My boyfriend, who I will call "Richard," says he is allergic to dogs, and he says I have to choose between my dog Rover and him. Rover is 5 years old and goes everywhere with me. He is my best friend. He even sleeps with me. I love my dog, but I love my boyfriend too. What do you suggest?
Torn between two loves,
And the problem is? It is obvious to me who should stay and who should go. However, since you are asking my advice, I am assuming you want to keep both Rover and Richard. So let's begin at the beginning.
Allergies to animals come from a hypersensitivity to proteins (allergens) in the dog's saliva or flakes of skin called dander. An estimated 30 percent of the population is affected by some degree of allergies to animals. A large proportion of that 30 percent have pets. Some take allergy medications and others have learned to live with their symptoms, preferring the quality of life with pets, over a life without pets. If your boyfriend isn't faking it because he thinks you might like Rover more than him (and some humans actually pull this trick), then he will be experiencing varying degrees of sneezing, swollen, tearing and itchy eyes, runny nose, rashes, scratching or even shortness of breath or wheezing. If he has these symptoms only when he is around dogs, and they are severe (especially if he is having trouble breathing), then this is a serious matter. You will have to get rid of him for his own sake (and here I mean the boyfriend). But before you make any decisions either way, be sure to take Richard to a doctor for allergy testing.
While you are trying to figure out who is staying and who is going, there are a number of things you can do that will help.
A good grooming is in order (I am referring to the dog, but from my observations of humans, it wouldn't hurt your boyfriend either). For the dog, a good brushing once a week and a bath with a good shampoo is important. Remember to rinse well and dry your dog. People often forget how important drying is. The boyfriend should wash his hands after petting any dog. Allergens are often transferred from a dog to a person by petting a dog and then rubbing your eyes. Of course he should never let a dog lick his face.
Another thing to remember is to keep the dog out of your bedroom. The place where you sleep should be dog free and definitely cat free (don't even get me started on cats!). Also, no dogs on the furniture. (I am definitely going to hear from my four legged friends about that bit of advice). And if you are really serious, the material on your furniture should be non porous. Hurray for plastic! Rover should have his own place to sleep and the bedding should be washed frequently. Carpet holds more allergens then solid surfaces. So rip out those carpets. And of course a thorough cleaning and vacuuming are a must. Whenever you can, air out the house. People living in air tight houses often have higher incidents of allergies. And a reminder to all you smokers ... smoking is not good for human or animal airways and tends to increase your susceptibility to air born allergens and reduce your body's ability to produce histamines to fight off allergies.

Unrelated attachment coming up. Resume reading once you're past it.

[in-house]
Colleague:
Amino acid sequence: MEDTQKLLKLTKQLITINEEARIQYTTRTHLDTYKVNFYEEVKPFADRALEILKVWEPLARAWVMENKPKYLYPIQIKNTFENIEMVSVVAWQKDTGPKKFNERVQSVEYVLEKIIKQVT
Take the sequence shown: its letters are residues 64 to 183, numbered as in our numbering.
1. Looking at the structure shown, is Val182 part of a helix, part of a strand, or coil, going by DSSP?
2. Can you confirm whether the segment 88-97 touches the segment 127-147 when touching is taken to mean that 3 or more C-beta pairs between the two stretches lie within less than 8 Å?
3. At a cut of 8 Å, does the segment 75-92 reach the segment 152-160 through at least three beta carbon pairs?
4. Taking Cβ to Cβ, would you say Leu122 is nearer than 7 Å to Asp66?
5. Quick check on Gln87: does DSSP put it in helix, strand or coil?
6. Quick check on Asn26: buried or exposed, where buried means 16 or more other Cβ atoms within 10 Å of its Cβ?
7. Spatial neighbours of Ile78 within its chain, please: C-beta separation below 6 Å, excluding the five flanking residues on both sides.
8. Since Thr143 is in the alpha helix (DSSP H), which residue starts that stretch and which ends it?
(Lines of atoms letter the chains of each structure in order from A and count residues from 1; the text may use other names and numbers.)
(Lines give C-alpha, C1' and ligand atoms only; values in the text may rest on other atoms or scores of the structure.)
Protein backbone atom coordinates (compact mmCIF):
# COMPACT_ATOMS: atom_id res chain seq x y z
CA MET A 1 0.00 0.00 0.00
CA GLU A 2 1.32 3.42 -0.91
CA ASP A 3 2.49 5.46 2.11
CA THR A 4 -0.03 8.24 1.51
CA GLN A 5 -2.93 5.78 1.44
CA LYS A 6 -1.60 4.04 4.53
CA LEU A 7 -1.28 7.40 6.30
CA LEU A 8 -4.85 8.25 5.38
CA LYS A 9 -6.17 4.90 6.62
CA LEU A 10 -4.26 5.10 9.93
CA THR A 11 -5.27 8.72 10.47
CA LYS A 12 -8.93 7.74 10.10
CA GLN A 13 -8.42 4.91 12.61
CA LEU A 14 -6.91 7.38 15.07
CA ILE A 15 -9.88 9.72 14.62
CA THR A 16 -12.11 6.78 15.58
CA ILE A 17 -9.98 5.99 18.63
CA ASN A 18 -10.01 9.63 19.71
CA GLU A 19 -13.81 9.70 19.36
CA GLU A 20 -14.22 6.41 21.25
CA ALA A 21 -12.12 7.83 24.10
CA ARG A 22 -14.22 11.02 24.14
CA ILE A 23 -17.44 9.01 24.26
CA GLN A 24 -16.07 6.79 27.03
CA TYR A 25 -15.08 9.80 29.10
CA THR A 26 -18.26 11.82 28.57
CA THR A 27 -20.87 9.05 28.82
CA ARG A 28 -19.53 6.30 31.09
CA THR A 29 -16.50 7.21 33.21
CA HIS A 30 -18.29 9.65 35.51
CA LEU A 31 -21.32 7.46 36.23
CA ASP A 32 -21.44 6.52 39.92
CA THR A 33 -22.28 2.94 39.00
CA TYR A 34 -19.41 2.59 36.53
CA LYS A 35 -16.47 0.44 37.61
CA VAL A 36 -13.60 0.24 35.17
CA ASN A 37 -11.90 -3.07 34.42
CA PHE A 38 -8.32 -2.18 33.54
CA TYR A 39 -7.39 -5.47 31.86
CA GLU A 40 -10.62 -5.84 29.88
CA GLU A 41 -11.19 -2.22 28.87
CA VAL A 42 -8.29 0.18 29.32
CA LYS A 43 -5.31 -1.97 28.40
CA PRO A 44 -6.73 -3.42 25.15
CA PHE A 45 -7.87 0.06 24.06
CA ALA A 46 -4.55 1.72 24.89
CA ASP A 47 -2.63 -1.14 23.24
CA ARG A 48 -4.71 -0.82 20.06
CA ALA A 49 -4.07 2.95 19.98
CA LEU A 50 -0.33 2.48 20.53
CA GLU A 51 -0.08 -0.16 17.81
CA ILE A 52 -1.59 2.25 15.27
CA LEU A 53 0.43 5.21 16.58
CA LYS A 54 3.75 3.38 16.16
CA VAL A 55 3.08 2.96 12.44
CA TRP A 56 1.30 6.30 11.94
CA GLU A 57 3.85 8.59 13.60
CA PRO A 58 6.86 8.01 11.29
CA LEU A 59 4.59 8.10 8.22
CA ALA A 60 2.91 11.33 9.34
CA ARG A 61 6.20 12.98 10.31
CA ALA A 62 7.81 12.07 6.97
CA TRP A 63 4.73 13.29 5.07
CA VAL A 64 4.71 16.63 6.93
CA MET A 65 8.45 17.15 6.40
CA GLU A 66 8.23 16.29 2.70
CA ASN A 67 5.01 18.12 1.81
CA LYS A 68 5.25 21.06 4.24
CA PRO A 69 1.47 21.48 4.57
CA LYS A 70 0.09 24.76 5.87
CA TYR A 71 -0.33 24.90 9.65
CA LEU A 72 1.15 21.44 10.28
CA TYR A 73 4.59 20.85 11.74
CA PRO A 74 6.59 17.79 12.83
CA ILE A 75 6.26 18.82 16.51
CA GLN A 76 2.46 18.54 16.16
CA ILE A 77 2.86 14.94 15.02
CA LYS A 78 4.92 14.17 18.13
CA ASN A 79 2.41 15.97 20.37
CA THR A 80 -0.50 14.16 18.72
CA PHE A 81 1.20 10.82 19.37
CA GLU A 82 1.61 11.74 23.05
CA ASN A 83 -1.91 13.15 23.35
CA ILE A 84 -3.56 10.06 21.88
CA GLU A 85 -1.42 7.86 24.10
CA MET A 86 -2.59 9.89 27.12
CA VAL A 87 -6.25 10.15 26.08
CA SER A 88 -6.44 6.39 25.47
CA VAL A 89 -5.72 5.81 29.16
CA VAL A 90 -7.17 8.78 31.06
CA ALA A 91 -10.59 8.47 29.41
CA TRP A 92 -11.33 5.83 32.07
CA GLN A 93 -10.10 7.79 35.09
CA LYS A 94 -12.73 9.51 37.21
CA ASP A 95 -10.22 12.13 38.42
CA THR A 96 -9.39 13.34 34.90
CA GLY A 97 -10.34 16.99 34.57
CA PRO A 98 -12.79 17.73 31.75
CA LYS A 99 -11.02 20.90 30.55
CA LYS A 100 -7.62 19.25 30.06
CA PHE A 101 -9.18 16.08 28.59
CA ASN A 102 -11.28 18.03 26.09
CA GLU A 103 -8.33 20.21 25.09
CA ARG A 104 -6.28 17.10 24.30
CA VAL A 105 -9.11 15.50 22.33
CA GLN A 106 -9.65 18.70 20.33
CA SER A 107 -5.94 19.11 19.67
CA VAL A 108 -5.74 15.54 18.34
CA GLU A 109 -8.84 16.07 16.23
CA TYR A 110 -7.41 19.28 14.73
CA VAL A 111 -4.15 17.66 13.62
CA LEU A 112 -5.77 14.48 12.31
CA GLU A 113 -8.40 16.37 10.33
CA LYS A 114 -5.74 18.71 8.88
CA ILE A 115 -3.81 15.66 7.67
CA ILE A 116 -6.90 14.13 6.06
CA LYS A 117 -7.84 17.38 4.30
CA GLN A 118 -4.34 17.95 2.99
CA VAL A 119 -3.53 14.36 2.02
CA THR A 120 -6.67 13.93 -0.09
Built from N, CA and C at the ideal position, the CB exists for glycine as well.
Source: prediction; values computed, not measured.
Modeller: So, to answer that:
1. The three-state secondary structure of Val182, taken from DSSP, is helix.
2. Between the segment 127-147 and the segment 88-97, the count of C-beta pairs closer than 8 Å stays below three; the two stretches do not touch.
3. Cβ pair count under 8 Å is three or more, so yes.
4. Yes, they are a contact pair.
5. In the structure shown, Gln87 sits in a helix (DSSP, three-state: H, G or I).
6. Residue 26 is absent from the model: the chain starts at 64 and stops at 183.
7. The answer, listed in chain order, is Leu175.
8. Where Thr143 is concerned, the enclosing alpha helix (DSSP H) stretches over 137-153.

Considering you already have your beloved companion (and I am referring to Rover), the dog's hair length is already established. But in case you were considering a different pet and wondering about allergies, it is a myth that short haired dogs or specific breeds will not cause an allergic reaction. If you and Richard have kids remember that studies reveal that exposure to two or more dogs within the first year of life may reduce risk of allergic sensitivity to multiple allergens during childhood. That's not to say your baby and the dog (and cat if you must) should be drinking from the same bowl, but having pets appears to be a good thing in terms of reducing the chance of developing allergies.
Now let's get down to the real issue ... have you asked Rover if he is allergic to Richard? From the talk around the fire hydrant I can tell you many of my peeps have put the big growl on their human's relationships. If that is the case, now is the time to get all of you to work together on a solution so that all of you can live with.
Ask Rex is a column coordinated by the Gastineau Humane Society. Dog-related questions can be sent to "Ask Rex," Gastineau Humane Society, 7705 Glacier Highway, Juneau, AK 99801.